Creating structures with blocks (Science, Math, Language and Social Skills)

The block area within our school environment is one of the most popular places of play for the children. They love creating structures using the many materials that the area offers.

One morning, we noticed some of the children gathering together in the block area. A large group of students formed and began working together to create structures. Their materials of choice were large Legos and small wooden blocks. They began creating ships, castles and spaceships. The children working with small wooden blocks explained that they were creating “a wall to block the bad guys.”  

While building their structures together, the children also built upon important cognitive skills as they:

-Counted the amount of blocks they used. (This shows how the children practiced their math skills through counting and sequencing.)

-Came across challenges when their structures collapsed or fell apart. (The children engaged in problem solving and exploring physics.)

Working with blocks instills a more thorough understanding of geometry in regards to shapes and space (two-dimensional and three-dimensional). Blocks also serve as a wonderful tool for creative expression, allowing the children to put their imagination to use in whatever way they desire.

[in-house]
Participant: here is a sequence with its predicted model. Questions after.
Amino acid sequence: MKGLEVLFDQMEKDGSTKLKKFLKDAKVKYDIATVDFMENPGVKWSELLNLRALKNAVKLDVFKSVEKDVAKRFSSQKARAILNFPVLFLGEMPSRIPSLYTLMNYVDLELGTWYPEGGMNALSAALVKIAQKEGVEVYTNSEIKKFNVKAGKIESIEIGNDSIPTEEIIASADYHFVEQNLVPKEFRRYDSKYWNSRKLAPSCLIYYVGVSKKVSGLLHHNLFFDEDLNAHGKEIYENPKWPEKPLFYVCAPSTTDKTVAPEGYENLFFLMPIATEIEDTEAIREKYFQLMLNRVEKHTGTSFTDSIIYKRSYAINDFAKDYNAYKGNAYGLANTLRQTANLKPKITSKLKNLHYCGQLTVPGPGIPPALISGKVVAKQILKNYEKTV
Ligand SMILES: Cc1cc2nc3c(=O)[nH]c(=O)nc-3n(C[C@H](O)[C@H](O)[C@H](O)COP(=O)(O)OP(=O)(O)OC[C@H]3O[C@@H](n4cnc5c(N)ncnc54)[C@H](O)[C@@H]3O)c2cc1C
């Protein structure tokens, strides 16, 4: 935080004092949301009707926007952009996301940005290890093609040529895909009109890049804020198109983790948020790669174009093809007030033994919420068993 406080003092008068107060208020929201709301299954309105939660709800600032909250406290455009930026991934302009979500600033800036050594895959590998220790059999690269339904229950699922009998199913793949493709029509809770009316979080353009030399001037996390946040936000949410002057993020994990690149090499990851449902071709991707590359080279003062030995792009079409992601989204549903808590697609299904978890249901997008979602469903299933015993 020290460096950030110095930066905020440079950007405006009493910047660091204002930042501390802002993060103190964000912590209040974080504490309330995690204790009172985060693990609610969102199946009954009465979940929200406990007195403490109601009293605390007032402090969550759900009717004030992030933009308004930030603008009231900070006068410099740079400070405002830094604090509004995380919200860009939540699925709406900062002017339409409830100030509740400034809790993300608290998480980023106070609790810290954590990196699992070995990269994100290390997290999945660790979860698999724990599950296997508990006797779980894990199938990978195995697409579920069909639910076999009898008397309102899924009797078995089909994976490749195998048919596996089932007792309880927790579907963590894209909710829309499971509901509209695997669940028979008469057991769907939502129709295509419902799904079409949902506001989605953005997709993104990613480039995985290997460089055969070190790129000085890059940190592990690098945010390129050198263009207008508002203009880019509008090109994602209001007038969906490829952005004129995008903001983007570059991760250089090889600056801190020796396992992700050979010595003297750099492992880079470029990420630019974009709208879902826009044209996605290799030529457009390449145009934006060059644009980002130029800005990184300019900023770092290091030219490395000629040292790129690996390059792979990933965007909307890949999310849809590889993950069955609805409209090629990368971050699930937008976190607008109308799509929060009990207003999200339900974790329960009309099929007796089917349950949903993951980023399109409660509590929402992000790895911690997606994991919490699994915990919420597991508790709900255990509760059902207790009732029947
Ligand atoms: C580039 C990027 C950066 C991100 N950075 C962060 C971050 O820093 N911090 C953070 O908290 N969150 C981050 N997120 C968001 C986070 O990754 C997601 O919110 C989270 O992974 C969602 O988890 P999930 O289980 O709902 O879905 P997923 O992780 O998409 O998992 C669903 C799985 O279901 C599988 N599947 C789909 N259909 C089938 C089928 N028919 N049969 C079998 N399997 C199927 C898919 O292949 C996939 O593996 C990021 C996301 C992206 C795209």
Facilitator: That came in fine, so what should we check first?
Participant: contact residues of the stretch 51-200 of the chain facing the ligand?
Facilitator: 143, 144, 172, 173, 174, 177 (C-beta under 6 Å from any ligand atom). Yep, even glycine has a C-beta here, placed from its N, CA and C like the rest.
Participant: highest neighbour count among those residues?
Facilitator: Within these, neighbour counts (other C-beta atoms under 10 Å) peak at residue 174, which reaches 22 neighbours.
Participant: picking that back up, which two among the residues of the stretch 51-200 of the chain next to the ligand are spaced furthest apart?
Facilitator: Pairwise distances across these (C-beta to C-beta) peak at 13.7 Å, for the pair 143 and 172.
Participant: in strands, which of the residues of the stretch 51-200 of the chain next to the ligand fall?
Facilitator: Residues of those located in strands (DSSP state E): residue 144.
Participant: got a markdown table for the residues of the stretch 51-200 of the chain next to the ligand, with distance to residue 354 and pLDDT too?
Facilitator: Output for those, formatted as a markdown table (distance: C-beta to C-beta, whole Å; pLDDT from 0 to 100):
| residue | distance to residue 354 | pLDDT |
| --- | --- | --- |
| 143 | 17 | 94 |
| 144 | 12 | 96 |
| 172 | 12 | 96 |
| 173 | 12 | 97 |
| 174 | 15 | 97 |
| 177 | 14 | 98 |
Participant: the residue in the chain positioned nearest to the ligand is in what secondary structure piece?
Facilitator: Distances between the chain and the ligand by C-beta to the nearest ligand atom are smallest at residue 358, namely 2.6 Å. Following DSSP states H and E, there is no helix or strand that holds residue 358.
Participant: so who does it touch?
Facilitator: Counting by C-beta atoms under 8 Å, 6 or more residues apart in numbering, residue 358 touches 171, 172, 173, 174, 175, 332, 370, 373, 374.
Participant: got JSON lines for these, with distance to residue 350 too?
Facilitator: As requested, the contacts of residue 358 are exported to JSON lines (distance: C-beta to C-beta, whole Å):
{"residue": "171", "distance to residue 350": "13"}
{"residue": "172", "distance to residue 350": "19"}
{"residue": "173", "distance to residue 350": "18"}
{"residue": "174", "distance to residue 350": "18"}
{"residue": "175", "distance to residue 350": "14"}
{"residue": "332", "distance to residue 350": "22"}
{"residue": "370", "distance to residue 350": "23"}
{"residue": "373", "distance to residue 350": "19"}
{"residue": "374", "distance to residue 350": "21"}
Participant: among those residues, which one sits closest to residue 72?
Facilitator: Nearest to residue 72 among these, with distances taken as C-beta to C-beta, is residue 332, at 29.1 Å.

The team element added extra value to this experience because it allowed the children to improve upon their social skills. Working as a large group encourages children to practice communication and foster new relationships. Teamwork, addressing conflict in a respectful, purposeful manner and understanding the value of each individual’s role in a group are all important skills learned as a result of experiences like this one.

The skills and themes introduced within group exploration are very valuable in our philosophy:

“Contrary to some orientations to skilled performance by young children, the Reggio teachers emphasize achievement in personal expression and reflection on one’s own patterns of thinking. Instead of an early push to read, for example, teachers support a competent ability to communicate with others through speech and other means, so that one can make a contribution to the group.” -The Hundred Languages of Children: the Reggio Emilia Approach to early Childhood Education

For an in-depth explanation of the value of block play and how it relates to our philosophy, click here.